Pershing Square Capital Management this morning filed a report with the U.S. Securities and Exchange Commission revealing that it has purchased a 9.8% stake (about 20.55 million shares) in Air Products & Chemicals Inc. (APD). The move could not have been too big a surprise to Air Products, which last week adopted a poison pill in response to reports that Pershing Square and its chief, Bill Ackman, were building up a stake in the company.
The $2.2 billion that Ackman paid for its stake in Air Products is the largest investment that he has ever paid for a stake in a company. The previous high was a $1.8 billion stake in consumer products giant Procter & Gamble Co. (PG). That one resulted in the ouster of P&G’s CEO and a gain of about 32% on Ackman’s investment.
Not everything has turned out so well though. Ackman’s stake in J.C. Penney Co. Inc. (JCP) turned sour and resulted in the hiring and firing of the company’s CEO without a concomitant sharp rise in the share price.
And then there is Herbalife Ltd. (HLF). Ackman’s $1 billion short play has been absolutely crushed, and about the only thing that will save it would be a federal investigation. That may still happen, but the odds are against it. In fact, there’s a report that investor George Soros has taken the other side of Ackman’s bet against Herbalife. Soros acquired about an 8% stake in J.C. Penney stock earlier this year, giving Ackman some relief from the plunging stock.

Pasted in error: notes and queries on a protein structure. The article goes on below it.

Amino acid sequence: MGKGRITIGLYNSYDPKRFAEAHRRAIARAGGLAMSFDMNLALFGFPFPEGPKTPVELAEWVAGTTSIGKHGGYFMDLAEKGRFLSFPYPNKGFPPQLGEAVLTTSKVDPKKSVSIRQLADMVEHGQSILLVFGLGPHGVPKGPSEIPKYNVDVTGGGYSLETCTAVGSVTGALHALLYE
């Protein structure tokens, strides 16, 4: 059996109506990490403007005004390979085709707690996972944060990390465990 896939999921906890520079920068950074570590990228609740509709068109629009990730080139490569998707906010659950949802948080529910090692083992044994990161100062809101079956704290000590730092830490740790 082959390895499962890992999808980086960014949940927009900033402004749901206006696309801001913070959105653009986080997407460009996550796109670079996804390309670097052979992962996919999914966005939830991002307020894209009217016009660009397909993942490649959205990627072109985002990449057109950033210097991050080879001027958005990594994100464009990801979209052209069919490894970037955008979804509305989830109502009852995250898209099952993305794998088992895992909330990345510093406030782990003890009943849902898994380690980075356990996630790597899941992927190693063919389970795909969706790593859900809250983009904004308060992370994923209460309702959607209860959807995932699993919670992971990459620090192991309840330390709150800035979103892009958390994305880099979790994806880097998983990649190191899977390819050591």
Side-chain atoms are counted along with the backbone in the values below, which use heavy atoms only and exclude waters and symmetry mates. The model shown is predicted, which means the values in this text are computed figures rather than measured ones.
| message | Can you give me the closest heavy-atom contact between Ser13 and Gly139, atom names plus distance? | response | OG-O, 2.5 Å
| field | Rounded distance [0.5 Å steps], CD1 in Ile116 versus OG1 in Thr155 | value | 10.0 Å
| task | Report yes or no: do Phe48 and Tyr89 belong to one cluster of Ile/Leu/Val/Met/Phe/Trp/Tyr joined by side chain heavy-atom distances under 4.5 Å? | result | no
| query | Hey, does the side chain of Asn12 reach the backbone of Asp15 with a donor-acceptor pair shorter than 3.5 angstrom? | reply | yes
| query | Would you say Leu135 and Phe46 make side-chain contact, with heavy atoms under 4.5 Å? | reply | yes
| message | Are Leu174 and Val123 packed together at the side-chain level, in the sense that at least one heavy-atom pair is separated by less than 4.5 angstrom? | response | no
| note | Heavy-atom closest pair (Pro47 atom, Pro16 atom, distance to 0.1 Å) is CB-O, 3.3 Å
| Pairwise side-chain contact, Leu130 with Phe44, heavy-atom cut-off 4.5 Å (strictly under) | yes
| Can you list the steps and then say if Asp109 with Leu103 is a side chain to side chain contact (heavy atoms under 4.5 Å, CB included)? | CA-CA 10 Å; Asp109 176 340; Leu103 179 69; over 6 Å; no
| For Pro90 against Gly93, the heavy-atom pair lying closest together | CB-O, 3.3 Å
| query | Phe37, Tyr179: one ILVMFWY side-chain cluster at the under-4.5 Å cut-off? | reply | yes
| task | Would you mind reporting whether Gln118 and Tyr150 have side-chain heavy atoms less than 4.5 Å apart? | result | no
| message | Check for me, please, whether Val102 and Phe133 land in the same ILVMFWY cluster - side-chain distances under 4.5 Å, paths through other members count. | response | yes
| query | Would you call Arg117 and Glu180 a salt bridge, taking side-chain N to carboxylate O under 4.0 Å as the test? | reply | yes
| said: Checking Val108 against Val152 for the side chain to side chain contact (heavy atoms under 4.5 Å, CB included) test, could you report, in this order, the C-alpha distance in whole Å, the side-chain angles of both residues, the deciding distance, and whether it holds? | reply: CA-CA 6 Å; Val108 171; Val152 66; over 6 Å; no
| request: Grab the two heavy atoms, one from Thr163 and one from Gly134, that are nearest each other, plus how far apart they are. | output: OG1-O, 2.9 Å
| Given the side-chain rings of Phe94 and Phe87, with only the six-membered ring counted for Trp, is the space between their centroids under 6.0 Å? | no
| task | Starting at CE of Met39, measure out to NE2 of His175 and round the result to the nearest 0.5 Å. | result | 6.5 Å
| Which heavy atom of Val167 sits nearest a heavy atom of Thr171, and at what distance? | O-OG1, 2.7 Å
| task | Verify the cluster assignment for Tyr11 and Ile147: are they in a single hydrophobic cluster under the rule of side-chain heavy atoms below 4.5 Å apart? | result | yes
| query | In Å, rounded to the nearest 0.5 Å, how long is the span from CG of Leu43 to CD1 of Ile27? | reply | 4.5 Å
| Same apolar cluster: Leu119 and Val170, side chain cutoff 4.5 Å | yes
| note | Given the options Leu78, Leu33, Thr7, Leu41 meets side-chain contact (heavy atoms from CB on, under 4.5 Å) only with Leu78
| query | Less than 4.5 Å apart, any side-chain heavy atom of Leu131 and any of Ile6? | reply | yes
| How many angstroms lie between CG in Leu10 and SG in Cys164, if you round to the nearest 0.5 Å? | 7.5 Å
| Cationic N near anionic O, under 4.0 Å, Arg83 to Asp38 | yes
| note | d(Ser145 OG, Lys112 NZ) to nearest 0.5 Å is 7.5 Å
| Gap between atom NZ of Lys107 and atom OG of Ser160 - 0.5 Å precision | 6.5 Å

Ackman did score a big win with his attack on Canadian Pacific Railway Ltd. (CP). Again, he was able to force the resignation of the CEO and he took control of the board. The railroad’s share price has more than doubled since his $1.4 billion investment in 2011. Ackman said in early June that he plans to sell about 30% of his stake in Canadian Pacific over the next six to 12 months.
Another success, at least so far, is the 11% stake in Burger King Worldwide Inc. (BKW) that Ackman took when that company came public last year. Burger King’s share price is up about 25% since the initial public offering.
Air Products, on the surface, looks like another investment like P&G or Canadian Pacific: a company with little share price growth, or any real growth for that matter, and a chief executive officer who has had three years to turn things around. Air Products might be a different story because it is one of the S&P Dividend Aristocrats and has increased its annual dividend for 30 consecutive years. Some 86% of the company’s shares are held by institutional holders, and the company pays a dividend yield of 2.70%.
How persuasive Ackman can be with those dividend-oriented shareholders likely will be the determining factor on whether this latest investment is a success.
Air Products shares are up 2.7% just before noon today at $108.53, after posting a new 52-week high of $109.98. The 52-week low is $76.78.